The interplay between cell-cell adhesions and their cytoskeleton demonstrates the complexity in generating and maintaining multicellular organisms. These interactions, however, are not static. Rather, they produce dynamic structures that are influenced by an array of both internal and external factors, including mechanical force. An example of a mechanically active zone within polarised epithelial cells is the zonula adherens (ZA), found at the apical-lateral interface between cells. Epithelial (E-) cadherin is a transmembrane protein that concentrates to support contractile tension at junctions by functionally coupling to the dynamic actin cytoskeleton. With both actin binding and bundling properties, vinculin is emerging as a key regulator in adhesion junctions. At the ZA, vinculin is a cytoplasmic component of the cadherin-catenin complex, however, unlike other junctional components, this protein is also enriched within cell-matrix adhesions. This project set out to further our understanding of vinculin’s role at E-cadherin-based cell-cell adhesions.
The first part of this thesis sets the foundation for my research. Using an shRNA-knockdown approach I demonstrate the importance of vinculin within the zonula adherens and define a role for vinculin in the regulation of junctional F-actin homeostasis.
The second part of this thesis focused on different actin nucleators that interact directly with vinculin and found that junctional depletion of vinculin affects junctional localisation of Mena and VASP. I developed vinculin mutants that uncoupled Mena/VASP and found that junctional vinculin can regulate F-actin homeostasis through recruitment of Ena/VASP proteins.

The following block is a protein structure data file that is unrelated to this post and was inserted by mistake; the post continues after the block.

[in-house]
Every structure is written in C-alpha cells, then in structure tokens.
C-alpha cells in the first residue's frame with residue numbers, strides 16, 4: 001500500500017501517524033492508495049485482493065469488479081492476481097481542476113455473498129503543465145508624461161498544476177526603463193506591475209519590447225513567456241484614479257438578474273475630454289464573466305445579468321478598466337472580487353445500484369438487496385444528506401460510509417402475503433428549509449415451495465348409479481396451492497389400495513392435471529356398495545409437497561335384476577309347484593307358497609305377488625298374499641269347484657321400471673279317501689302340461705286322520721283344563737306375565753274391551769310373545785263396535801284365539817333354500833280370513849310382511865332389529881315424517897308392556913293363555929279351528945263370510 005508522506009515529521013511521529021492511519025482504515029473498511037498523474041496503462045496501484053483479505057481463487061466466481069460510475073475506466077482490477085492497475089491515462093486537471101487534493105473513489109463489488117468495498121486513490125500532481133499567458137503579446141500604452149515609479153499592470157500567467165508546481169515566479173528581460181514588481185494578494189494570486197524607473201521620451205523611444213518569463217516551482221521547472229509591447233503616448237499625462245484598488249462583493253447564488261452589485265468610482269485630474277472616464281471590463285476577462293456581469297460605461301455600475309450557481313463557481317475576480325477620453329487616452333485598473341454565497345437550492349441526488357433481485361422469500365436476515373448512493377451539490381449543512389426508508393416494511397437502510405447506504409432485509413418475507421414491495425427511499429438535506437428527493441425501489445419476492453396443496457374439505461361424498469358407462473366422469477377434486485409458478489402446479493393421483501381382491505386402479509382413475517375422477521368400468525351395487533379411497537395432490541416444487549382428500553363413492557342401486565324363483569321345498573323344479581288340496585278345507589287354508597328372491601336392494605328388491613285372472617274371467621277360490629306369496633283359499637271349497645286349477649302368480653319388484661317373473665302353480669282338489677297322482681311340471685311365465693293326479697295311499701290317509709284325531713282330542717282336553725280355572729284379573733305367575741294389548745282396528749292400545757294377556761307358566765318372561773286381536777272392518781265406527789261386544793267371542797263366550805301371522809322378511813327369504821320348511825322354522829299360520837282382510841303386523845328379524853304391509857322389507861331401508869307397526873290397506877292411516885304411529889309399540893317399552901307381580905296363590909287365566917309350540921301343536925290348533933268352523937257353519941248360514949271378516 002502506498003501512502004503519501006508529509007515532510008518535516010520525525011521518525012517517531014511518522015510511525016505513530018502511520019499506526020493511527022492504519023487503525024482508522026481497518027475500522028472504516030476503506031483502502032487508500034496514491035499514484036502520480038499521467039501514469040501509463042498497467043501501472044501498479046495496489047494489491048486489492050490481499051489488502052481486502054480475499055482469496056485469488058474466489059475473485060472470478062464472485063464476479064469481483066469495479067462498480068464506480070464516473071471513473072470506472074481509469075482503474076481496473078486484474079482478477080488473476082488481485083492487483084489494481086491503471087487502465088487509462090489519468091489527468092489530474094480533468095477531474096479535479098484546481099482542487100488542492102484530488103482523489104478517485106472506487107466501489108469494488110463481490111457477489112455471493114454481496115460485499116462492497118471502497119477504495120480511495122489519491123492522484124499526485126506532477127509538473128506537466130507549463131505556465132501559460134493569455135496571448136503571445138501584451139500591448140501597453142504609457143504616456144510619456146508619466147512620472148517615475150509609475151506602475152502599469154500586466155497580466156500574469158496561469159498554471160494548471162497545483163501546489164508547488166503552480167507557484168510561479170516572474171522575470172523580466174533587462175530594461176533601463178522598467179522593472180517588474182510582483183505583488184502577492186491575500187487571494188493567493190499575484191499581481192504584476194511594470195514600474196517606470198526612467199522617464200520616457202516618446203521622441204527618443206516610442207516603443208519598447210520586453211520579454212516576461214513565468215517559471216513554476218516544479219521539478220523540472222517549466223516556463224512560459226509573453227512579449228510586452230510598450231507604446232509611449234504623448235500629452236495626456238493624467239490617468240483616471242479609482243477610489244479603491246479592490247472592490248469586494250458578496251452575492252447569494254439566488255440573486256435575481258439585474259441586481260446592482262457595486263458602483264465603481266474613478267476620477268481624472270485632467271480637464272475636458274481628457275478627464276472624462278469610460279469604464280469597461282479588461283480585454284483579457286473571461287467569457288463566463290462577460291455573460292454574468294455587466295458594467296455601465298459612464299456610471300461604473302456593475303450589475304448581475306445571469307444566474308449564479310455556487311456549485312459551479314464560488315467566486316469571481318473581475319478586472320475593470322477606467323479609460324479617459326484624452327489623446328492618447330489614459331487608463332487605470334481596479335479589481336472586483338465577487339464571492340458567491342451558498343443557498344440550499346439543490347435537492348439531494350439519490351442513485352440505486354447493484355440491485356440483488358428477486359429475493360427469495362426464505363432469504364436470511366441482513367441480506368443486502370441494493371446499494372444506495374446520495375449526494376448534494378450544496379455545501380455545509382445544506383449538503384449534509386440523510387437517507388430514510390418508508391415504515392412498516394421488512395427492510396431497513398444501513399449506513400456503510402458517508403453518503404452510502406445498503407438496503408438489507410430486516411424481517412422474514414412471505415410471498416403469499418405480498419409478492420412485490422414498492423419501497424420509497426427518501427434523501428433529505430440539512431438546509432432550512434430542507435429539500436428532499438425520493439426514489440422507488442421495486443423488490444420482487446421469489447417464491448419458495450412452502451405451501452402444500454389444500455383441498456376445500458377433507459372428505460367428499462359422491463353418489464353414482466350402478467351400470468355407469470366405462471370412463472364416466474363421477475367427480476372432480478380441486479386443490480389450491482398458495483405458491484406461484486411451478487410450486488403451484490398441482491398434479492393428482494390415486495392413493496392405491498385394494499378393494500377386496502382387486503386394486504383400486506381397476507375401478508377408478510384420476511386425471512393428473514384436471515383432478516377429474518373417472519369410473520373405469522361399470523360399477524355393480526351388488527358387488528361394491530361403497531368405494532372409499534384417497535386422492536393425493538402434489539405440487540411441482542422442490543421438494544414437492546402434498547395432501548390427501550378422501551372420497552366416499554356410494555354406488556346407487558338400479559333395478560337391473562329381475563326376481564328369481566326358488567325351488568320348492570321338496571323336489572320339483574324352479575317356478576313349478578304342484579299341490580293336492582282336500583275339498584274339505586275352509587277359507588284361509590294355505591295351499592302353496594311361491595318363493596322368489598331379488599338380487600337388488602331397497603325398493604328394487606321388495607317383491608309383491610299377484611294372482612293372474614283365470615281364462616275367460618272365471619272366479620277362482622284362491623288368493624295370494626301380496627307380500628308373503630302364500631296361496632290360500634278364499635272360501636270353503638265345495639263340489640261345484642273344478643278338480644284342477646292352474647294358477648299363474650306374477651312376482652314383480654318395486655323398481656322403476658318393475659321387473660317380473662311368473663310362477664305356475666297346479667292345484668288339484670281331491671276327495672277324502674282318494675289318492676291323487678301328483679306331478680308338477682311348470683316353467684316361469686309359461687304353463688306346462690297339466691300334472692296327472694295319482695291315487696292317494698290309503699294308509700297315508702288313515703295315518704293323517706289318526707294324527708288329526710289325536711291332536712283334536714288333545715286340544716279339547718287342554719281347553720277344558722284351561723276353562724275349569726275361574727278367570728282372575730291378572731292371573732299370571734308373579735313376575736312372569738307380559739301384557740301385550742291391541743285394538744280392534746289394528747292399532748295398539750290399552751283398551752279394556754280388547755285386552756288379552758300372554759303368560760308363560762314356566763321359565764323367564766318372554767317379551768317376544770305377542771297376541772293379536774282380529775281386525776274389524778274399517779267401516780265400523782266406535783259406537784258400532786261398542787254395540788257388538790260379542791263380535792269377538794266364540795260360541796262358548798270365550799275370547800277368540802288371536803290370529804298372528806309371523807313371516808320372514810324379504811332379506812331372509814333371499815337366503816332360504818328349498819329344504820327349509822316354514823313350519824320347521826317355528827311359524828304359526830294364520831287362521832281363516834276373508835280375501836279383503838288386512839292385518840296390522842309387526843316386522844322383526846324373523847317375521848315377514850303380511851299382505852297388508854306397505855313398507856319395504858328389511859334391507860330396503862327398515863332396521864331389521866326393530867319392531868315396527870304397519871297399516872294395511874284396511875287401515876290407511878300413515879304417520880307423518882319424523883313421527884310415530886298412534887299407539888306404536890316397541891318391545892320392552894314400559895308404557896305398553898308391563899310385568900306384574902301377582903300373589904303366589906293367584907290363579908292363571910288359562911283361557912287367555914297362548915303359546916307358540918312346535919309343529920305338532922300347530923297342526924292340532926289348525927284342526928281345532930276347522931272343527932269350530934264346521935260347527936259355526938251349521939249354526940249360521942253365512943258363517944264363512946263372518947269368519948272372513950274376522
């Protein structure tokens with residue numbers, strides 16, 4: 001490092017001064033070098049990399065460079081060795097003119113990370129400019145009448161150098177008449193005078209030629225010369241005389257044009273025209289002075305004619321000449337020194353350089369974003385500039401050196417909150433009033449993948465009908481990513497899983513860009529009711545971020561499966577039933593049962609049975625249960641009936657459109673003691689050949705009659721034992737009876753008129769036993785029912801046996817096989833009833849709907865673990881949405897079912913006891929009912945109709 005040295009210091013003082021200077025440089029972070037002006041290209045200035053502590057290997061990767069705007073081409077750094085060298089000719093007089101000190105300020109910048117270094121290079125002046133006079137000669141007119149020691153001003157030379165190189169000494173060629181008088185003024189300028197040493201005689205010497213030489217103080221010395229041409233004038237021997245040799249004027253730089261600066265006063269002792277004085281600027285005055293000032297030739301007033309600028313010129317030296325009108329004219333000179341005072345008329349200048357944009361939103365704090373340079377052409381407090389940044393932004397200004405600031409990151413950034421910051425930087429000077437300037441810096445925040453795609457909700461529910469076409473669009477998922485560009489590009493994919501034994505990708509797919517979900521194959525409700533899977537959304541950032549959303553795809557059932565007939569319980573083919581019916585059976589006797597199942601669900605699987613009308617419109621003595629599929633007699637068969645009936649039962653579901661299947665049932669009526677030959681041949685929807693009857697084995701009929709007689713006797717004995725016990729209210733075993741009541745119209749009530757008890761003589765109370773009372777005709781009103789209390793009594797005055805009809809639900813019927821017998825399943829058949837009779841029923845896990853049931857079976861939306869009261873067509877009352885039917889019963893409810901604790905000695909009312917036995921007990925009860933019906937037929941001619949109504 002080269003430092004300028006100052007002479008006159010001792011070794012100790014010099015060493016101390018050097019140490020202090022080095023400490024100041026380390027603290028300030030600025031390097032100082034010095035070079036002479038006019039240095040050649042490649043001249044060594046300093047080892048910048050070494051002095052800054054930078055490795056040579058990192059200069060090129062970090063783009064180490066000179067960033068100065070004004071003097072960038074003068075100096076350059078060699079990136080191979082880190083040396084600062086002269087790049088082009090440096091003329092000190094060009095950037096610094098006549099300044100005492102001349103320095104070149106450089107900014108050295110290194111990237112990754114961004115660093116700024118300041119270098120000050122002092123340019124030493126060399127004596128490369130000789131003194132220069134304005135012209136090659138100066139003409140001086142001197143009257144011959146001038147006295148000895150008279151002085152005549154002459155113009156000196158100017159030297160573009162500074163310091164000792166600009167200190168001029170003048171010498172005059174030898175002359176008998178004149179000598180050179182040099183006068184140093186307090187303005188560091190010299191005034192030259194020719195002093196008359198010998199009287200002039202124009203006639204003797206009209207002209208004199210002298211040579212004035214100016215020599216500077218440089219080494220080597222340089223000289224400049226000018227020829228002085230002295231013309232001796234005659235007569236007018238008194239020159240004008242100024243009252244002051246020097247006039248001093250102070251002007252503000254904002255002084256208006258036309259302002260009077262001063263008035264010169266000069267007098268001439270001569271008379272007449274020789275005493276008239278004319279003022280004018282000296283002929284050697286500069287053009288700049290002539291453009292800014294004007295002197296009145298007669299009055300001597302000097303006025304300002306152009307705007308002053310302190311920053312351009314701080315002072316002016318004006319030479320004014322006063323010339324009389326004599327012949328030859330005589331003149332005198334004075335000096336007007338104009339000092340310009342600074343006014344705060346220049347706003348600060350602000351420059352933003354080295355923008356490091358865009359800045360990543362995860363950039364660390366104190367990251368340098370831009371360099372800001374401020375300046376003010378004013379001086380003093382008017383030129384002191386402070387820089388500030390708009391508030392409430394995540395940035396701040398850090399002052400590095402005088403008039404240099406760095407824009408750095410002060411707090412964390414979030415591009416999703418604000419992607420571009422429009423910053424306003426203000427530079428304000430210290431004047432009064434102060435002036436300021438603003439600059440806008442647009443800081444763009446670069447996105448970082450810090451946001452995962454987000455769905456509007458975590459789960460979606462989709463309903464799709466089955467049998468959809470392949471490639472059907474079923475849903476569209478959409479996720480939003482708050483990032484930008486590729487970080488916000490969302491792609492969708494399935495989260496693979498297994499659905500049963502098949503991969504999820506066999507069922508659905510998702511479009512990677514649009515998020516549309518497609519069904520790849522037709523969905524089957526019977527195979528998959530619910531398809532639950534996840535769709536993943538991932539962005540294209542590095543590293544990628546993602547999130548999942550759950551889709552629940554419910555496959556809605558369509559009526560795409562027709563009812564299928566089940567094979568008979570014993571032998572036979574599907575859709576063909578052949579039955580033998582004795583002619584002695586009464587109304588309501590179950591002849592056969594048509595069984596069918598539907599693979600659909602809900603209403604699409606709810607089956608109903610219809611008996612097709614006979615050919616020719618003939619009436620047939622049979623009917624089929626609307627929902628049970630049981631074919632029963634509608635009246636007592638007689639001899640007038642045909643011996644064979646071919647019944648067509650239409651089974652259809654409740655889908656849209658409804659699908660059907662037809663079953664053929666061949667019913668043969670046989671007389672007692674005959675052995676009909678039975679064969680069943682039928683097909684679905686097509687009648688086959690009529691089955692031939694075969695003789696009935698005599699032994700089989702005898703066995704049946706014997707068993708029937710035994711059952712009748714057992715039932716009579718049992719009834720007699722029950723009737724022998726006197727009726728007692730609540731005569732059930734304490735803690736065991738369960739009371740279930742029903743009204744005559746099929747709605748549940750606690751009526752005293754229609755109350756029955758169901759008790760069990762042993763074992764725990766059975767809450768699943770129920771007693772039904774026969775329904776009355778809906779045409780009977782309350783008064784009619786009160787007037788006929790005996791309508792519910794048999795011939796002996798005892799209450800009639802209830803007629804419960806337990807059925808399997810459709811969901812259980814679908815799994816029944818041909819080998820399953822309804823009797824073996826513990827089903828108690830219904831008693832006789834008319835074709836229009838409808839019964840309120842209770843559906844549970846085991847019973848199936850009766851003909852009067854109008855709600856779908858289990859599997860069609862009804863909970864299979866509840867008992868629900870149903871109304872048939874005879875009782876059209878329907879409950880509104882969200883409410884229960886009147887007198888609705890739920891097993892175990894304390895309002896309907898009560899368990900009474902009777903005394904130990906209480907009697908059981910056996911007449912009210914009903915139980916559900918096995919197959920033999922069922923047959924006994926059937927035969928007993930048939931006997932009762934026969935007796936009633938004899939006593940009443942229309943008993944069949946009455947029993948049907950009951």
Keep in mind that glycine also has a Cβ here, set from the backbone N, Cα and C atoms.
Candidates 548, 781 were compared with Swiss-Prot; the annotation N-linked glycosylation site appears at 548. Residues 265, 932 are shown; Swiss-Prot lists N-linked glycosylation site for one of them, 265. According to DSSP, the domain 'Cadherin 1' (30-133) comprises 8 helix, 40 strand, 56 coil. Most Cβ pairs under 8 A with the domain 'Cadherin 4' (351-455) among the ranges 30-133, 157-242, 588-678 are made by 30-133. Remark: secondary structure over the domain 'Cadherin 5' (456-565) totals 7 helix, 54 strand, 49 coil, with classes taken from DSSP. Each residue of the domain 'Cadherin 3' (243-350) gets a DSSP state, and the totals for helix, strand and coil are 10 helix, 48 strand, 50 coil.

Finally, I demonstrated that vinculin mediates a tension-sensitive actin regulatory pathway at the epithelial ZA. Using the vinculin mutants and constructs described in Chapters 3 and 4, the experiments demonstrate that vinculin is a target of contractile tension and recruits Mena/VASP at the ZA to mediate tension-sensitive actin assembly in this location. Functionally, I show that this mechanism supports E-cadherin accumulation and junctional tension.
The work documented in this thesis has served to emphasise the complex interplay between mechanical force, cell-cell adhesions and their cytoskeleton, highlighting two manifestations of force on cell biology: 1) the capacity for mechanical forces to regulate protein recruitment and localisation; and 2) the capacity for cellular force generation to lead to potential design incompatibilities that cells must solve to effectively generate force.